Senate bill proposes changes to CC Comm | nnbw.com

Senate bill proposes changes to CC Comm

Lahontan Valley News

The Nevada State Senate's Committee on Government Affairs heard testimony on recently regarding changes that would give Churchill County Commissioners more control over the local telephone company, CC Communications.

General Manager Mark Feest said Senate Bill 109 would bring the county-owned telephone company into the 21st century and keep CC Communications on a more solid basis.

He said the original bill governing county-owned telephone systems in Nevada goes back more than 100 years ago. CC Communications, which began as Churchill County Telephone, celebrated its centennial last autumn.

Joint sponsors of the bill are State Sen. James Settelmeyer and District 38 Assemblywoman Robin Titus. The Senate passed the bill earlier this month, 19-0, but no vote has been scheduled in the Assembly.

"The state allows the county to own a phone company, but there has not been a lot of update to it," he said. "The current process does not align with how a phone company is bought and sold."

Feest emphasized the phone company is not for sale but added that other independent rural telephone companies across the United States have been gobbled up by corporations or merged with other companies.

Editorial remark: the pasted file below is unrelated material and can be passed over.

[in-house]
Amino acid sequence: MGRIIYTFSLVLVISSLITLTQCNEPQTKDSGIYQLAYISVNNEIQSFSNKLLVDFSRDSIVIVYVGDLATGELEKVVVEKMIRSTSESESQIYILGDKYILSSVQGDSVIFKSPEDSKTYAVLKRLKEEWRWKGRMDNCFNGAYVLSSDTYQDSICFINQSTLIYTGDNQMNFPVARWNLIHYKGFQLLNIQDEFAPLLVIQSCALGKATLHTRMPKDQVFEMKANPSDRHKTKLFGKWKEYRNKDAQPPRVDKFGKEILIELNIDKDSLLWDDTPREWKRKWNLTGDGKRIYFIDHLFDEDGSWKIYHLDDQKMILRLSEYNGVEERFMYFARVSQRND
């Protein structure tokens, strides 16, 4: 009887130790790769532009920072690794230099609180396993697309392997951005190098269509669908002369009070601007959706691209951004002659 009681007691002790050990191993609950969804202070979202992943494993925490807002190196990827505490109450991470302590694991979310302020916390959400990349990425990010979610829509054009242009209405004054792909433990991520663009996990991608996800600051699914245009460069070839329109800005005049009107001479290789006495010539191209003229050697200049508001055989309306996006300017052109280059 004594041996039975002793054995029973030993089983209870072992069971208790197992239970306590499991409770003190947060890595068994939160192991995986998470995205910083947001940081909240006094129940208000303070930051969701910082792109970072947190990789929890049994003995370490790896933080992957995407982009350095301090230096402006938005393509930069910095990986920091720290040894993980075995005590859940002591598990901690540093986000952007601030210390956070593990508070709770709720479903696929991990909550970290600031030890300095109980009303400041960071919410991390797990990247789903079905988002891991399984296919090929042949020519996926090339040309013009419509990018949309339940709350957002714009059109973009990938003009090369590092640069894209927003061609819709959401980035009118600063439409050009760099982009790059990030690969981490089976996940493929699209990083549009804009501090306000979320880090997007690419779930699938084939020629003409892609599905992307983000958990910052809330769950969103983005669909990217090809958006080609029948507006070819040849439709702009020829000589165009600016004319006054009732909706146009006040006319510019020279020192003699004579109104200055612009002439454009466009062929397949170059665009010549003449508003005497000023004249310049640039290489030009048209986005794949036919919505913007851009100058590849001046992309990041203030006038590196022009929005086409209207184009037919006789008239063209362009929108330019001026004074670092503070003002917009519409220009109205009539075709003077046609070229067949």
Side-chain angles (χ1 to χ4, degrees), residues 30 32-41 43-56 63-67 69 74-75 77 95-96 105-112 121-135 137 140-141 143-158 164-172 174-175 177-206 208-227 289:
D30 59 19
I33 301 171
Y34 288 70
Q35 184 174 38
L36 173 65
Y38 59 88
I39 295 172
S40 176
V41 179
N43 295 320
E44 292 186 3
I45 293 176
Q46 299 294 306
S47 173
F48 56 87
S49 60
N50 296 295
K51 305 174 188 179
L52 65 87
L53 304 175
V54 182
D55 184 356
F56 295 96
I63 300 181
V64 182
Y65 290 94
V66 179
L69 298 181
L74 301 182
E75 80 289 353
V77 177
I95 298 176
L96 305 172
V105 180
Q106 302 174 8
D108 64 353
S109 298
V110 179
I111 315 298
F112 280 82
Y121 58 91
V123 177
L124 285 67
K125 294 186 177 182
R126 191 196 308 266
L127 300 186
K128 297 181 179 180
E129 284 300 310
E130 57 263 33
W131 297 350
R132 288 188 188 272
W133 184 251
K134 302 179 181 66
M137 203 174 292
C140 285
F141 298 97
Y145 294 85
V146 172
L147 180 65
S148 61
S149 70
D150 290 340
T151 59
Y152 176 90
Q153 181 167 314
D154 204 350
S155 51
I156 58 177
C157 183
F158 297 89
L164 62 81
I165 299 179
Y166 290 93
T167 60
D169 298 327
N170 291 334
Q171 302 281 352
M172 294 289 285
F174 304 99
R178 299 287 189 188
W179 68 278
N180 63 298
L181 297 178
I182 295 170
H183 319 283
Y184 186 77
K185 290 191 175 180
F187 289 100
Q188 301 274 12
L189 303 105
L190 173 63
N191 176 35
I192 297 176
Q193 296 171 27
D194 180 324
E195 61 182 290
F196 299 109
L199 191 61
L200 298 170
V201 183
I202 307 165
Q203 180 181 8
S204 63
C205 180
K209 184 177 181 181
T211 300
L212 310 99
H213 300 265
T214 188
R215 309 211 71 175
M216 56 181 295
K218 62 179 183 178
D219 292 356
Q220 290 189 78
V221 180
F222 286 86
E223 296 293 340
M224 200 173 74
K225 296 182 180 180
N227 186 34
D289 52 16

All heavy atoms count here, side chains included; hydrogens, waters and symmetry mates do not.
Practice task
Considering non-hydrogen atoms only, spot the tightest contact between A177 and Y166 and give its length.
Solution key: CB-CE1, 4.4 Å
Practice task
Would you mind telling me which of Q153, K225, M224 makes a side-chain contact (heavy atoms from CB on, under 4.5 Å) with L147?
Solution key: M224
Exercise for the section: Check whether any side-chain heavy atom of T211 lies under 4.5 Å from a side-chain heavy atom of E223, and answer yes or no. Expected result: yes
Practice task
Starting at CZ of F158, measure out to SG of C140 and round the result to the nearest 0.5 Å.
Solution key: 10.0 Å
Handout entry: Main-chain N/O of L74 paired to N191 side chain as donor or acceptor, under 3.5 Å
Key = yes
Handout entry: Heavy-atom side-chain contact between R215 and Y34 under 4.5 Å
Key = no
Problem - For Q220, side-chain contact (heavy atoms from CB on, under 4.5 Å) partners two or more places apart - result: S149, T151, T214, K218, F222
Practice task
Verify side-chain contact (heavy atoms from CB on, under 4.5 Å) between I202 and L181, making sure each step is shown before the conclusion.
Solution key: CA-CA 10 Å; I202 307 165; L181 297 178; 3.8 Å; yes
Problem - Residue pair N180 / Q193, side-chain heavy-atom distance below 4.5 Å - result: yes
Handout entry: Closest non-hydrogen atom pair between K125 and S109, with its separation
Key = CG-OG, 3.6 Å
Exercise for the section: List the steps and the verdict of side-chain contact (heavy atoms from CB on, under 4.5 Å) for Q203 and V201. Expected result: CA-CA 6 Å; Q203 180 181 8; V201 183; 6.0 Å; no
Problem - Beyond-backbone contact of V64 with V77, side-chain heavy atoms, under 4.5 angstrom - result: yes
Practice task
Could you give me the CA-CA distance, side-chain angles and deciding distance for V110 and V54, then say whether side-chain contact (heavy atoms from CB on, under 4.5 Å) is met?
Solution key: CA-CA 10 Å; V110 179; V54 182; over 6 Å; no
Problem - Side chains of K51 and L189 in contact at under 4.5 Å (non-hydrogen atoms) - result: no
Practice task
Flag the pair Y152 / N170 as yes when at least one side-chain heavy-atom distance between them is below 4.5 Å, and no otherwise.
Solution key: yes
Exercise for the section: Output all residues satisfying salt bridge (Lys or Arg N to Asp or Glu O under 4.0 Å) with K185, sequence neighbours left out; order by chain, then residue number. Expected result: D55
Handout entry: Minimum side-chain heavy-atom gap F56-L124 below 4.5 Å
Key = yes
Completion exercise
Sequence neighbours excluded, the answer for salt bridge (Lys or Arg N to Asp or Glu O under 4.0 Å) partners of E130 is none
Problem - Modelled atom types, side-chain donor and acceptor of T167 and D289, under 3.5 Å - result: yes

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"The issue is happening a lot in rural areas where companies are being merged or sold," Feest said, adding that SB 109 gives more protection to Nevada's rural independent telephone companies.

Under the current law, if the county were to sell or lease the phone company, then Churchill County voters would be required to vote on the deal. Currently, Feest said it would be hard to consummate a deal.

Under language in the proposed bill, the county commissioners would be able to negotiate a sale or lease in closed session. Furthermore, Feest said amended language in Section 4 states commissioners would not be obligated to accept the highest bid based on the return of investment to the county.

"The commissioners will make the best deal for the county," Feest said

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